When I first wrote scenes from Echo’s point of view, I threw in lots of phrases and words to make the future dialogue sound different from 21st English. Most of those got taken out. My editor thought they would make the reader stop too many times to figure out what Echo meant. She’s probably right. Now there are just a few words and phrases to give the dialogue a futuristic feel.
One of the hardest things about the novel was keeping 21st century slang and words out of the 25th century characters’ dialogue and thoughts. At first I never had them say the word ‘well’. I figured it would be gone after 400 years. The absence of ‘well’ made the characters’ dialogue seem stilted though, so I had to put ‘well’ back in. Sometimes you’ve got to sacrifice accuracy for readability.
From where do you draw your inspiration as a writer? Who are some of your favorite authors?
I get ideas everywhere. Nature, news, and life are full of intriguing things. In fact, it’s hard to go a day and not get some sort of a plot idea.
Growing up, my favorite author was Ellen Conford. Her writing wasn’t full of poetry, descriptive passages, theme or symbolism. It was light, funny, and easy to read. I think she really affected my writing style because I write a lot like she did.
If time travel were possible, when/where would you want to go?
I’d go back and tell teenage me to wear the sunscreen like my parents kept telling me to put on. I’d also insist that teenage me always wore my seatbelt. In fact, I’d pretty much take White-out to my teenage years.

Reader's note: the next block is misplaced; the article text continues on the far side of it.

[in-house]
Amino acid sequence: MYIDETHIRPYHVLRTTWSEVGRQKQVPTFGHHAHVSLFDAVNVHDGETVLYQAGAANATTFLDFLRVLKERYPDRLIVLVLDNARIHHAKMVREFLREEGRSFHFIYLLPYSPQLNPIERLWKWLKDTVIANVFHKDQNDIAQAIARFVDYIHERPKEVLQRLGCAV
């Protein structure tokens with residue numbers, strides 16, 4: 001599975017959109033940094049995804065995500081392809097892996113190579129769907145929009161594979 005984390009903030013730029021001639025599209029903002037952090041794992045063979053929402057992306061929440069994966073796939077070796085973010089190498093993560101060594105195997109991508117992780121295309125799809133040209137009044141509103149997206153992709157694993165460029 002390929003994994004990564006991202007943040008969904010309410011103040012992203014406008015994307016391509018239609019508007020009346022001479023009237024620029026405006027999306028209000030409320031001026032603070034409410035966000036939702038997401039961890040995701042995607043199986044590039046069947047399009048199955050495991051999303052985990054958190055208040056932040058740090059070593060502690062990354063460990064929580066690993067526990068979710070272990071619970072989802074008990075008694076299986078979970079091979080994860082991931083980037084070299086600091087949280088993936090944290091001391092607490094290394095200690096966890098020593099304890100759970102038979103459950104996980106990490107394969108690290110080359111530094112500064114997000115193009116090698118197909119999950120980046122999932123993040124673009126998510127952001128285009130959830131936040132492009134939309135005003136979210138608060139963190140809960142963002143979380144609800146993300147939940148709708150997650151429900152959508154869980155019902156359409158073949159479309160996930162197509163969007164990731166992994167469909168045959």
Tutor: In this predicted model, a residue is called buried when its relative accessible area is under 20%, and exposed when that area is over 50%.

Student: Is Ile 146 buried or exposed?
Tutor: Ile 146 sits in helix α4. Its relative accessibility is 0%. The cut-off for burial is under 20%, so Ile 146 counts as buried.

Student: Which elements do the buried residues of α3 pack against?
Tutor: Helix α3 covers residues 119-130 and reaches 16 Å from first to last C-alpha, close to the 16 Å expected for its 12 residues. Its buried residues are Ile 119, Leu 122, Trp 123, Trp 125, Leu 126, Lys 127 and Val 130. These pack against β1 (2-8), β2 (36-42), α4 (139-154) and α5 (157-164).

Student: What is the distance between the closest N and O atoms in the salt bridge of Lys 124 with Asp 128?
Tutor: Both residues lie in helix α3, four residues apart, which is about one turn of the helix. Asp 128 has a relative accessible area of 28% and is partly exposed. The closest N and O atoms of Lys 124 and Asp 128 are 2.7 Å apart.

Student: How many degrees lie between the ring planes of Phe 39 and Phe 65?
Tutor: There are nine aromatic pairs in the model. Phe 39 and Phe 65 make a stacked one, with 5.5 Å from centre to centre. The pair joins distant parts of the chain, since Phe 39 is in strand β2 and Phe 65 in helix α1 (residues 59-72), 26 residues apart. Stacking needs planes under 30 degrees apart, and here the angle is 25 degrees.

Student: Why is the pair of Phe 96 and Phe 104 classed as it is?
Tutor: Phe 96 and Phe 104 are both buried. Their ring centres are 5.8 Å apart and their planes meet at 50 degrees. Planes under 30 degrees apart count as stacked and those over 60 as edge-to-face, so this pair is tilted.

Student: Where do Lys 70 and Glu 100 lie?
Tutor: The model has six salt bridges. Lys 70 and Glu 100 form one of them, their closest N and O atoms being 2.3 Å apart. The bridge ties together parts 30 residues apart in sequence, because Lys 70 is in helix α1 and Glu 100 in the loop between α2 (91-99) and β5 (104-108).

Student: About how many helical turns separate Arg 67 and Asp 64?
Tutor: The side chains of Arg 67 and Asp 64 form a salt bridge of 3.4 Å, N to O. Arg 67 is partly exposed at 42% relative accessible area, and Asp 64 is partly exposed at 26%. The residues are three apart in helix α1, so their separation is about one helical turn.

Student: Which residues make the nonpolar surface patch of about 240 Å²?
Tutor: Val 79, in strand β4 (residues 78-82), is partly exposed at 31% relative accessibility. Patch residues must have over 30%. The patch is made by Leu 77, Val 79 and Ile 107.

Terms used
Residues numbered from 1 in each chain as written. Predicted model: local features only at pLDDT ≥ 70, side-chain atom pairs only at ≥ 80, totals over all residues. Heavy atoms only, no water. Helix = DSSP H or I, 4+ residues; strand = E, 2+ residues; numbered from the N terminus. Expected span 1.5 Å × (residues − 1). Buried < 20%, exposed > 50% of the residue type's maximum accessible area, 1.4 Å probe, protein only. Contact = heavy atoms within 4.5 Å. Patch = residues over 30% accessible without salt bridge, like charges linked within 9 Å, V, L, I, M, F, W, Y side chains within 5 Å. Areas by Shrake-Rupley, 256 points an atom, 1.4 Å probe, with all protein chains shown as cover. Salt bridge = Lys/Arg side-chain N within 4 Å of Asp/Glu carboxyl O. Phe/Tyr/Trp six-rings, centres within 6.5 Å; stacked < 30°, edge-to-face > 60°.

What was your favorite book as a child?
The Phantom Tollbooth. It was perhaps the only book I read more than once when I was a child. I loved it so much that I’ve written a Phantom Tollbooth-ish (Another made up word. Maybe one day I’ll catch up to Shakespeare) novel of my own. I’m waiting for a revision letter for it right now. It was a fun book to write because I got to do a lot of word play things.
What is your favorite quote?
My children would probably say it’s: “Are your jobs done?” because I say it so frequently. I also say the phrase, “I’ll only have one more piece of chocolate, and then I’m done,” quite a bit. However, I’m a big fan of: “It’s not whether you win or lose that counts, but how you play the game.”
That’s how I try to live life.
That’s also why I don’t watch a lot of sports on TV. I don’t care who wins.
What can you tell us about your next project?
The sequel to Erasing Time, Echo in Time has gone to the copy editor, so it’s about done. I still have revisions to do on the Slayers sequel and my middle grade fantasy (the Phantom Tollbooth-ish book.) I’m also plotting out my next fairy godmother book. Lots is going on.
I am very excited to offer one copy of Erasing Time for a giveaway, courtesy of the author and Harper Teen. To enter, please fill out the form below.
This contest is open to US residents only. Must be 13 to enter. Please see my Contest Policy for more information.
This contest will close on Sunday, Oct. 21 at 12:01am CST.
Don't miss any of the stops on the blog tour!
October 1- Fire and Ice
October 2- Ravenous Readr
October 3- Fiktshun
October 4- I'm A Reader Not A Writer
October 5- Books Complete Me
October 6- The Mod Podge Bookshelf
October 7- Portrait of a Book
October 8- LDSWBR
October 9- PageTurners Blog
October 10- Reading Teen
October 11- YA Bliss
October 12- Wastepaper Prose